Third and final part of the "Get Your Blog Ready for Next Year" series.
Often, your readers' first introduction to you is through one of your oldest posts — you know, the ones in mothballs at the back of your archive. When readers find themselves in your back pages, they should see you at your best, just as they would if they landed on your newest post.
It's easy for the archive to get a little stale over time, but it's not hard to get it tidied up and fresh. Let's get started!
Delete Pointless Comments
Isn't it wonderful when you read a great blog post, then see that it has nothing but thoughtful, useful comments? That's no accident; the author is pruning out the pointless comments with no mercy.
With that in mind, I bet you already know which comments to cut during your year-end sweep. Yes, it's that rude comment that added nothing to the discussion. And yeah, delete that self-promoting-but-not-quite-spam comment from the e-commerce site that's kinda in your niché.
If you don't like it, cut it and don't feel sorry about it. It's your blog, you're in charge of the discussion. How you manage that discussion tells your readers a lot about you.
Remove or Correct Dead Links
Dead links are frustrating for readers, and search engines don't like them, either. So, clean them up for the new year!
There are many online tools for finding broken links in your blog, so I'm just going to recommend one that works for blogs on any platform. If you have fewer than 3,000 pages in your blog you can use brokenlinkcheck.com to find dead links for free (there's a premium version, too, if you have a larger site).
When you run your first broken link scan, your results may be startling. But don't panic, even if you have a lot of dead links. It's rare that a broken link is an urgent emergency. And, you'll probably have a few "false positives".
Give priority to fixing broken links that appear site-wide first. For example, if you discover that a link in your sidebar blogroll is dead, correct that first, then move on to dead links in your posts & static pages. Finally, move on to removing comments with dead links when you have time.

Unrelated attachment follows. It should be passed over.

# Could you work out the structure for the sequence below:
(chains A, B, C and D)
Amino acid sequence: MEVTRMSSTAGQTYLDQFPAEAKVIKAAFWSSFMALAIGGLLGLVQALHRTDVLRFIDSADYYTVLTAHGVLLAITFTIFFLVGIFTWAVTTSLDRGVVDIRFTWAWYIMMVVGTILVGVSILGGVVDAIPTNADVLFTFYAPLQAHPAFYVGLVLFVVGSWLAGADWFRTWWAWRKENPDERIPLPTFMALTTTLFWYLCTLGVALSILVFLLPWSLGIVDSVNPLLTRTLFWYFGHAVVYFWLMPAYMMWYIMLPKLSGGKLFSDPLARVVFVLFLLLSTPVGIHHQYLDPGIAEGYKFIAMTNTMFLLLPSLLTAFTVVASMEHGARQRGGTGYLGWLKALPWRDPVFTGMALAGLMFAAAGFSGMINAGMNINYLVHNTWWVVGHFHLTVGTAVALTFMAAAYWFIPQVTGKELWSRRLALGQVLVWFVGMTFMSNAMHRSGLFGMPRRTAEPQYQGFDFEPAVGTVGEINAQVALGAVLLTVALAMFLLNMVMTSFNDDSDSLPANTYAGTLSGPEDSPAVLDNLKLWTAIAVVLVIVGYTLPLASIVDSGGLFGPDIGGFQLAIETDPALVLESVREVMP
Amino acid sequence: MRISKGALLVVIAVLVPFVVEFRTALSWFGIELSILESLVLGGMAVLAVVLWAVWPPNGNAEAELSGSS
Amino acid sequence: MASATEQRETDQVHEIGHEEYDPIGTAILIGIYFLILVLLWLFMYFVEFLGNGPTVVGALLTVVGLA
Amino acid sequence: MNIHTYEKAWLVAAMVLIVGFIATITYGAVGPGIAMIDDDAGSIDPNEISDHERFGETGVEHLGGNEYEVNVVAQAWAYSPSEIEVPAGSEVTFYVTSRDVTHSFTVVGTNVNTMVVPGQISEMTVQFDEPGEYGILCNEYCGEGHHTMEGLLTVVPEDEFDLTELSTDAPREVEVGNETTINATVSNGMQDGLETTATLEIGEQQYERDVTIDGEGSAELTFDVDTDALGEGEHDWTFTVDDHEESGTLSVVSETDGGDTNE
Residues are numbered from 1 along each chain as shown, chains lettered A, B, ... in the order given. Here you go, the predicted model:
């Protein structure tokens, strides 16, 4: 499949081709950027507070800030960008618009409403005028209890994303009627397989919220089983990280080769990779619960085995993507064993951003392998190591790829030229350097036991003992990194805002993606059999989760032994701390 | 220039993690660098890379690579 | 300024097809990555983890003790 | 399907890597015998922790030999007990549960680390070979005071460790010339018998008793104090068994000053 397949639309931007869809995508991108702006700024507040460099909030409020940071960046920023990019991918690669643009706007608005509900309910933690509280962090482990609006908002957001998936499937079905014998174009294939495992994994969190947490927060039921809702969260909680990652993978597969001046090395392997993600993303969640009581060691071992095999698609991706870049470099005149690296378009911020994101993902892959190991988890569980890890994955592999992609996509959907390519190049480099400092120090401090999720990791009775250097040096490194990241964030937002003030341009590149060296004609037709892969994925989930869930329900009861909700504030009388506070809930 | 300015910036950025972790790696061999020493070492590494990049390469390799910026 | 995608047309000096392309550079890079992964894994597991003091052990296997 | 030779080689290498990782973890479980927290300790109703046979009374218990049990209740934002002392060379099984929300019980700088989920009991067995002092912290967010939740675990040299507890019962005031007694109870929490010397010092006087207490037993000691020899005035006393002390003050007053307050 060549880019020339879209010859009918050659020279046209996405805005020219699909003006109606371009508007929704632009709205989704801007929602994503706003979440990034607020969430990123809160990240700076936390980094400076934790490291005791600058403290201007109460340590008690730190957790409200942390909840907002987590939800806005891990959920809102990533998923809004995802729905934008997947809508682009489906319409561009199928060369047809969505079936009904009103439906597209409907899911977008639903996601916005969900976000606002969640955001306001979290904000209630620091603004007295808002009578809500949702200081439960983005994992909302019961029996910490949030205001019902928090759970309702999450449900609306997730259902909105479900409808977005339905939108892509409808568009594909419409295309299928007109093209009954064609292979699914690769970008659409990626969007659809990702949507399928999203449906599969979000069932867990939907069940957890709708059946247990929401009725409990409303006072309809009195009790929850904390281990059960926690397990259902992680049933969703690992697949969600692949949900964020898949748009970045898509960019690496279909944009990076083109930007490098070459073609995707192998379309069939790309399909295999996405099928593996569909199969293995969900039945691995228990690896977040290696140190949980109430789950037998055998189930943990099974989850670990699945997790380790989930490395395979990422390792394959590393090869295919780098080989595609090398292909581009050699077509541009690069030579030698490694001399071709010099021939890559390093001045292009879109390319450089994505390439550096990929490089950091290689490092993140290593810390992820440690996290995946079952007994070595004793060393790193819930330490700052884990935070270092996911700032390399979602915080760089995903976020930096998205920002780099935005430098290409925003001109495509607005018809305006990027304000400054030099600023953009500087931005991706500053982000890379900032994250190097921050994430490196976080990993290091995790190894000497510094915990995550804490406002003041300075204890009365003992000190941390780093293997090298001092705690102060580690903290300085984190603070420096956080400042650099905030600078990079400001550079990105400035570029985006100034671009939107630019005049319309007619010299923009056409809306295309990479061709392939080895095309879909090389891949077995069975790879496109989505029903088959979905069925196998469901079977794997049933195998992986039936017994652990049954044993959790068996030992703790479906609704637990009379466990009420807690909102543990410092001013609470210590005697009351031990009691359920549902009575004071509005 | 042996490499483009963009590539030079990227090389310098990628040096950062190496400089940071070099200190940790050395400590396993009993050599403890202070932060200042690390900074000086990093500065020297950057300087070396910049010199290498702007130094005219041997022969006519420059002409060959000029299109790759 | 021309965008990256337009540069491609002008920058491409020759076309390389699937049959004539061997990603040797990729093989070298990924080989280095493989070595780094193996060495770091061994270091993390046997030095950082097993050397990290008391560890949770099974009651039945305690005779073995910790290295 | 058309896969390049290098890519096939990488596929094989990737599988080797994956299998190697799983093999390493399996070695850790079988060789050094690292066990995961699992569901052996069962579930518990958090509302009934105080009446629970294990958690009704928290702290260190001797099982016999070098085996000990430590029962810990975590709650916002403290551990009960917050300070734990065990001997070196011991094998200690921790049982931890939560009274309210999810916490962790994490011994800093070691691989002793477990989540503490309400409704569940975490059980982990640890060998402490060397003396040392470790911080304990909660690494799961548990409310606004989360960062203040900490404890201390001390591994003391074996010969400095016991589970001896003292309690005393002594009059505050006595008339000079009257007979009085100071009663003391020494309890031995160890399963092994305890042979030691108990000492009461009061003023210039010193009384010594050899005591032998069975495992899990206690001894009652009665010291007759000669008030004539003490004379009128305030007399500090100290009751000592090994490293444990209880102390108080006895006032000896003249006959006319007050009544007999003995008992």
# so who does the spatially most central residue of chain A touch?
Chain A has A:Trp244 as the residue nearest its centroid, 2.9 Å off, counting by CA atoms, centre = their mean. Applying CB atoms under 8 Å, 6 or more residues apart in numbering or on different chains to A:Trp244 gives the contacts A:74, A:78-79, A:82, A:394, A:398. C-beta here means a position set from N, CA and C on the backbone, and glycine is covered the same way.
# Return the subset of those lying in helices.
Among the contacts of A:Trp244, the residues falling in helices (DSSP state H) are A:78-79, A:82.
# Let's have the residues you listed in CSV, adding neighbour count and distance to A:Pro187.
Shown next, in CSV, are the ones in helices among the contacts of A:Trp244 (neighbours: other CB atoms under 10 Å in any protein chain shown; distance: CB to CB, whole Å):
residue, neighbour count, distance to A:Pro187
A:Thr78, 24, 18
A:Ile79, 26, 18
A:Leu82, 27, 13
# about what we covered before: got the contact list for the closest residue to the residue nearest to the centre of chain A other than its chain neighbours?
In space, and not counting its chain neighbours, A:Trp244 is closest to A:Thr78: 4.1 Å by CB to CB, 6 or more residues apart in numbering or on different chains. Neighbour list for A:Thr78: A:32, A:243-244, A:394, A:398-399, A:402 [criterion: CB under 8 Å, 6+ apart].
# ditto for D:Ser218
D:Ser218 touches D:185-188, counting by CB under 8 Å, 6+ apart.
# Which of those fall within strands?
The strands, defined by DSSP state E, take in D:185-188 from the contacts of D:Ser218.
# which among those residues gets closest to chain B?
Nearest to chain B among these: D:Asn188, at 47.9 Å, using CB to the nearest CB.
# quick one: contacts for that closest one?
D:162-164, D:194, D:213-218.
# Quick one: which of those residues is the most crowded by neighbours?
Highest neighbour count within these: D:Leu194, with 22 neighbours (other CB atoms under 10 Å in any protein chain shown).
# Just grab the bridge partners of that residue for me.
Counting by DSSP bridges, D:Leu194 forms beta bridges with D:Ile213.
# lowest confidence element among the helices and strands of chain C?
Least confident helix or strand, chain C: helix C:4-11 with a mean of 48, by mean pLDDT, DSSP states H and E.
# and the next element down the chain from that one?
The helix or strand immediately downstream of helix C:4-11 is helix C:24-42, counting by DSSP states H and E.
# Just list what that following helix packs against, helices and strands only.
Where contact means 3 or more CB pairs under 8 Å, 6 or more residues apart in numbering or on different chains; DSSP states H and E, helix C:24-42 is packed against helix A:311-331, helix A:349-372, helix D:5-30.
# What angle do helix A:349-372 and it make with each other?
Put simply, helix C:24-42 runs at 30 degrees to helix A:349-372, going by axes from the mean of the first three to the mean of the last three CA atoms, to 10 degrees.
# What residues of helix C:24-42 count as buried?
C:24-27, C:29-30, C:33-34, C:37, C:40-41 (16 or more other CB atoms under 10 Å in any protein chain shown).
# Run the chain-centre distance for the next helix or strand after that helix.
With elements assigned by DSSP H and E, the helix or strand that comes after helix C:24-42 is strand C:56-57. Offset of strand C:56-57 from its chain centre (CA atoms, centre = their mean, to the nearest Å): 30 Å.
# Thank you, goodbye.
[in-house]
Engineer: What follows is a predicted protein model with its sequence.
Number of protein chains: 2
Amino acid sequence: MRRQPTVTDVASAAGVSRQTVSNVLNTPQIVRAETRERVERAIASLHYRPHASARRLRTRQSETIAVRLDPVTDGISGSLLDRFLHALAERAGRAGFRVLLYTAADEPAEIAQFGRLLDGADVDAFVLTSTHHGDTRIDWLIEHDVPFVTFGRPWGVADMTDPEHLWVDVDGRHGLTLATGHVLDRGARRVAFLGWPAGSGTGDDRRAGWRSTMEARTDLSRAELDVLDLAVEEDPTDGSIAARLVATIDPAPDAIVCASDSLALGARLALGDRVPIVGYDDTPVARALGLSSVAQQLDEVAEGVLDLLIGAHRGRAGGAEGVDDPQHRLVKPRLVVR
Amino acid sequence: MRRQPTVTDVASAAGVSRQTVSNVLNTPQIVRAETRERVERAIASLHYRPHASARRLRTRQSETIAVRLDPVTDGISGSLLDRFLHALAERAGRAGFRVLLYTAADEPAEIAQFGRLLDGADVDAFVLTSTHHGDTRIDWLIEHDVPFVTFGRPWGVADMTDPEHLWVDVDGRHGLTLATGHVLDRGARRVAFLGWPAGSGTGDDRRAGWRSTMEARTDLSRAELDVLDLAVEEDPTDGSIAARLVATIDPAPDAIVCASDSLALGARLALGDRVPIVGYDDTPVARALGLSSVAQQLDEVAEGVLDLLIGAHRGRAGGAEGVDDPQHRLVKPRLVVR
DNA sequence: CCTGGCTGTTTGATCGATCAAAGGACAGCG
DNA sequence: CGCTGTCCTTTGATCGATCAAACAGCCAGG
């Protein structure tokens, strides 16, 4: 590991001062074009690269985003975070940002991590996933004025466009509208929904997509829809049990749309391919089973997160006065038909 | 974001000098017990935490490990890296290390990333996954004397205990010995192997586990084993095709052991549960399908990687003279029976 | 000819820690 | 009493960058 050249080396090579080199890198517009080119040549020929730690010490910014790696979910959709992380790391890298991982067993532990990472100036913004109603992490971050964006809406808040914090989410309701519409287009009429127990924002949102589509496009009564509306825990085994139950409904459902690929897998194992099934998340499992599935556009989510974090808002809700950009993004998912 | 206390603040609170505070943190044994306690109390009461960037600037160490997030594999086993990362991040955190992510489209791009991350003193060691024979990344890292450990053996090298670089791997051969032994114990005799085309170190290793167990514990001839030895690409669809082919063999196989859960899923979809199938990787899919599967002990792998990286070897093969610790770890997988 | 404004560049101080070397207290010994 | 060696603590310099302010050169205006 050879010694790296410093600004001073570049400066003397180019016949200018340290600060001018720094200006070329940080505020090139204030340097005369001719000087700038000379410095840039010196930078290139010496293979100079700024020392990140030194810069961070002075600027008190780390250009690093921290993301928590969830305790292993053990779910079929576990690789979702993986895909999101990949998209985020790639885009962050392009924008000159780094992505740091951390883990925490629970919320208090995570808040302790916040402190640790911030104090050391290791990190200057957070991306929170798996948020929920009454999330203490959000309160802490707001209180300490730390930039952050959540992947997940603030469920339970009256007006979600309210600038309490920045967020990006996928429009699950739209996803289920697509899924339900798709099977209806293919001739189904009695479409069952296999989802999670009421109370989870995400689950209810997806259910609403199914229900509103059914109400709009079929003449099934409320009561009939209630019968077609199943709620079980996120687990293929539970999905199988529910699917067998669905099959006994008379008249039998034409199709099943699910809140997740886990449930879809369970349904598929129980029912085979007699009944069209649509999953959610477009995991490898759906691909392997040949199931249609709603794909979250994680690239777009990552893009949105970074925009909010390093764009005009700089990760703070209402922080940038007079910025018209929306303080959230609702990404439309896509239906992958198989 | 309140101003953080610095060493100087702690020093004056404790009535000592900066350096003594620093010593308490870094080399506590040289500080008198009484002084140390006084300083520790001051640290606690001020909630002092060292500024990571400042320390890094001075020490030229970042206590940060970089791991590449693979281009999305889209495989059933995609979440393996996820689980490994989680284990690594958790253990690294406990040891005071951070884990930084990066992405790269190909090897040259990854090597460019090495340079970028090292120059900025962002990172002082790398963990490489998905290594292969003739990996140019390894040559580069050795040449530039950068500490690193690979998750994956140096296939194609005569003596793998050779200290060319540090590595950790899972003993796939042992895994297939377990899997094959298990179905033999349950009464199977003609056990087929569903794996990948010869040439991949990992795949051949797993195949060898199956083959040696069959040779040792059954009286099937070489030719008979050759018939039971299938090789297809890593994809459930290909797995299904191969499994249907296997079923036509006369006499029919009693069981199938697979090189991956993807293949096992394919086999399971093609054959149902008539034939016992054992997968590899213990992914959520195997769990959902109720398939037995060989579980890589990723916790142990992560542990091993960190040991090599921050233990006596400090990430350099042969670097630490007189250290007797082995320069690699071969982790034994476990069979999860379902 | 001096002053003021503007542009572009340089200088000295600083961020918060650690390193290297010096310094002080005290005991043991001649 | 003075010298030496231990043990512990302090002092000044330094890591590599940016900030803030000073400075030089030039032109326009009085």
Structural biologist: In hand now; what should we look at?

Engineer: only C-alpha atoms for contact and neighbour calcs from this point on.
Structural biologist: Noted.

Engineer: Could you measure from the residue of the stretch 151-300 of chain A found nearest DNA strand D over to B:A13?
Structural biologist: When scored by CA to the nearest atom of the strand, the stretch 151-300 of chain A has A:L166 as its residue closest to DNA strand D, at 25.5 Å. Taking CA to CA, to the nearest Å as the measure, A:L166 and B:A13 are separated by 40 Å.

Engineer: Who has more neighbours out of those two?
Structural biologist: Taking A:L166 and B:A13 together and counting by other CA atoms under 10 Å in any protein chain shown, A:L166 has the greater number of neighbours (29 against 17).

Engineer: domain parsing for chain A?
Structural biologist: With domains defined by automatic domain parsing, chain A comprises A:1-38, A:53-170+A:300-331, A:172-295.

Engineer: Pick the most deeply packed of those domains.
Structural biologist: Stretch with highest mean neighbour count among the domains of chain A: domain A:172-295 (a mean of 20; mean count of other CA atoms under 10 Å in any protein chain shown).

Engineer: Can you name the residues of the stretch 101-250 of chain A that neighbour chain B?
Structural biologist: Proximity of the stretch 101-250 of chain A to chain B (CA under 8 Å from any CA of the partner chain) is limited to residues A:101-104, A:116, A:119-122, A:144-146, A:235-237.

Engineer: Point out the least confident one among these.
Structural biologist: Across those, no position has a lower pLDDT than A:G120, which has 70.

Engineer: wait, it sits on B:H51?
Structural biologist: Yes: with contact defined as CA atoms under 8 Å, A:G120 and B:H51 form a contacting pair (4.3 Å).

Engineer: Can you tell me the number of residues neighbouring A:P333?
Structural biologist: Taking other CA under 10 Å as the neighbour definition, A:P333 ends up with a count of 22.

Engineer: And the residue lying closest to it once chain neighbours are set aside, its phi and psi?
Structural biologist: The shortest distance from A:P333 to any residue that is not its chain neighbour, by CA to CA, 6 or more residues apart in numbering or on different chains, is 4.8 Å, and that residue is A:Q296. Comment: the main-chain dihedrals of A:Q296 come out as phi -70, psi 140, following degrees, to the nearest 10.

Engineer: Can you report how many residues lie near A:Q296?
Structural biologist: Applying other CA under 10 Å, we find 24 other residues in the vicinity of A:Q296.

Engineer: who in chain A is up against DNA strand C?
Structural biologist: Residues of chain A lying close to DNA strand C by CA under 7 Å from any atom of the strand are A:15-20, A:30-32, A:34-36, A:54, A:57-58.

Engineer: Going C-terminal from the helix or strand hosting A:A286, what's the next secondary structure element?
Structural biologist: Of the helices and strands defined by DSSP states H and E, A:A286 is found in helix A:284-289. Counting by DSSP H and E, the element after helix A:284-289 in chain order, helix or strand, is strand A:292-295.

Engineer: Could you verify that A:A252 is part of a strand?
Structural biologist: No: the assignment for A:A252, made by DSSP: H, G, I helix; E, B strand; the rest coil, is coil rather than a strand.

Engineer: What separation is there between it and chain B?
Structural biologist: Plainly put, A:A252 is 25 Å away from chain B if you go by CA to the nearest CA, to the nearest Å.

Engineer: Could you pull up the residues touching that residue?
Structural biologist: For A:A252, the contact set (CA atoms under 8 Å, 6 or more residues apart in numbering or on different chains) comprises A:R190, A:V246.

Refresh Your "Greatest Hits"
You probably already know which posts in your archive are the most popular, but if you don't, identify them in Google Analytics (Behavior > Site Content > All Pages) or in your blogging platform's built-in stats. Go back through those gems with an objective eye, and see if you can add a little polish to keep them relevant for the long-haul.
Think about how you'd write your best posts if you were writing them today. Has your writing style changed? Do you use different graphics now, or perhaps a little bit of CSS flair? Think about applying your newest styling to your vintage posts to help bring them into the present.
If you decide to give your older, popular posts a makeover, don't be shy about reintroducing them to your followers! Link to them in your new posts, and re-share them through social media. Followers who've seen it before won't hold it against you, and it gives your new followers a good reason to dig into your archives and see more of what makes you great.
What To Do With Obsolete Posts
Sometimes, a post is just not relevant anymore. Maybe it's a sponsored post from a defunct company, or a giveaway that closed two years ago. Or, maybe it just doesn't fit the theme of your blog anymore — that's common if you've been blogging for years and the focus of your blog has shifted over time.
An obsolete post does your blog and its readers no good. So, what should you do with it? Let's figure it out!
First, go through your archives and identify irrelevant posts. There's no exact science for rooting them out — you'll know them when you see them. After you've compiled a list of pointless posts, take a look a their stats, either in Google Analytics or in your blog's built-in stats.Popular, But Irrelevant
If an obsolete posts is still getting a lot of views, consider rewriting it to bring it up to date, or link your readers to more up-to-date content at the very top of the post.Unpopular and Irrelevant
Posts that are unpopular with readers and unloved by you are good candidates for deletion. If you use Blogger or self-hosted Wordpress, you can redirect the URL of a deleted post to another, more relevant post or page in your blog (see the Resources at the end of this post for more info).
I know the idea of deleting a post can strike fear in the hearts of bloggers. But, don't be afraid to delete something that is doing no one any good. The few visits your worst posts get may bump up your pageviews a little, but they're not going to help you grow. Focus your attention on creating new, great posts, and you'll quickly recover from any traffic loss that may come from trimming away a post that's truly dead.
- If you use self-hosted Wordpress, you can use the Broken Link Checker plugin to find and repair broken links.
- Blogger users can use the new custom redirects feature to redirect links from deleted posts to another post or page.
- Self-hosted Wordpress users can use the Redirection plugin for URL redirects. It's also handy for identifying dead links, so it's a two-fer!
The "Get Your Blog Ready For Next Year" Series
This is the final post in a three-part series. Need to catch up? Here are parts one & two:
Lemon photo CC-BY-SA Sean Neakums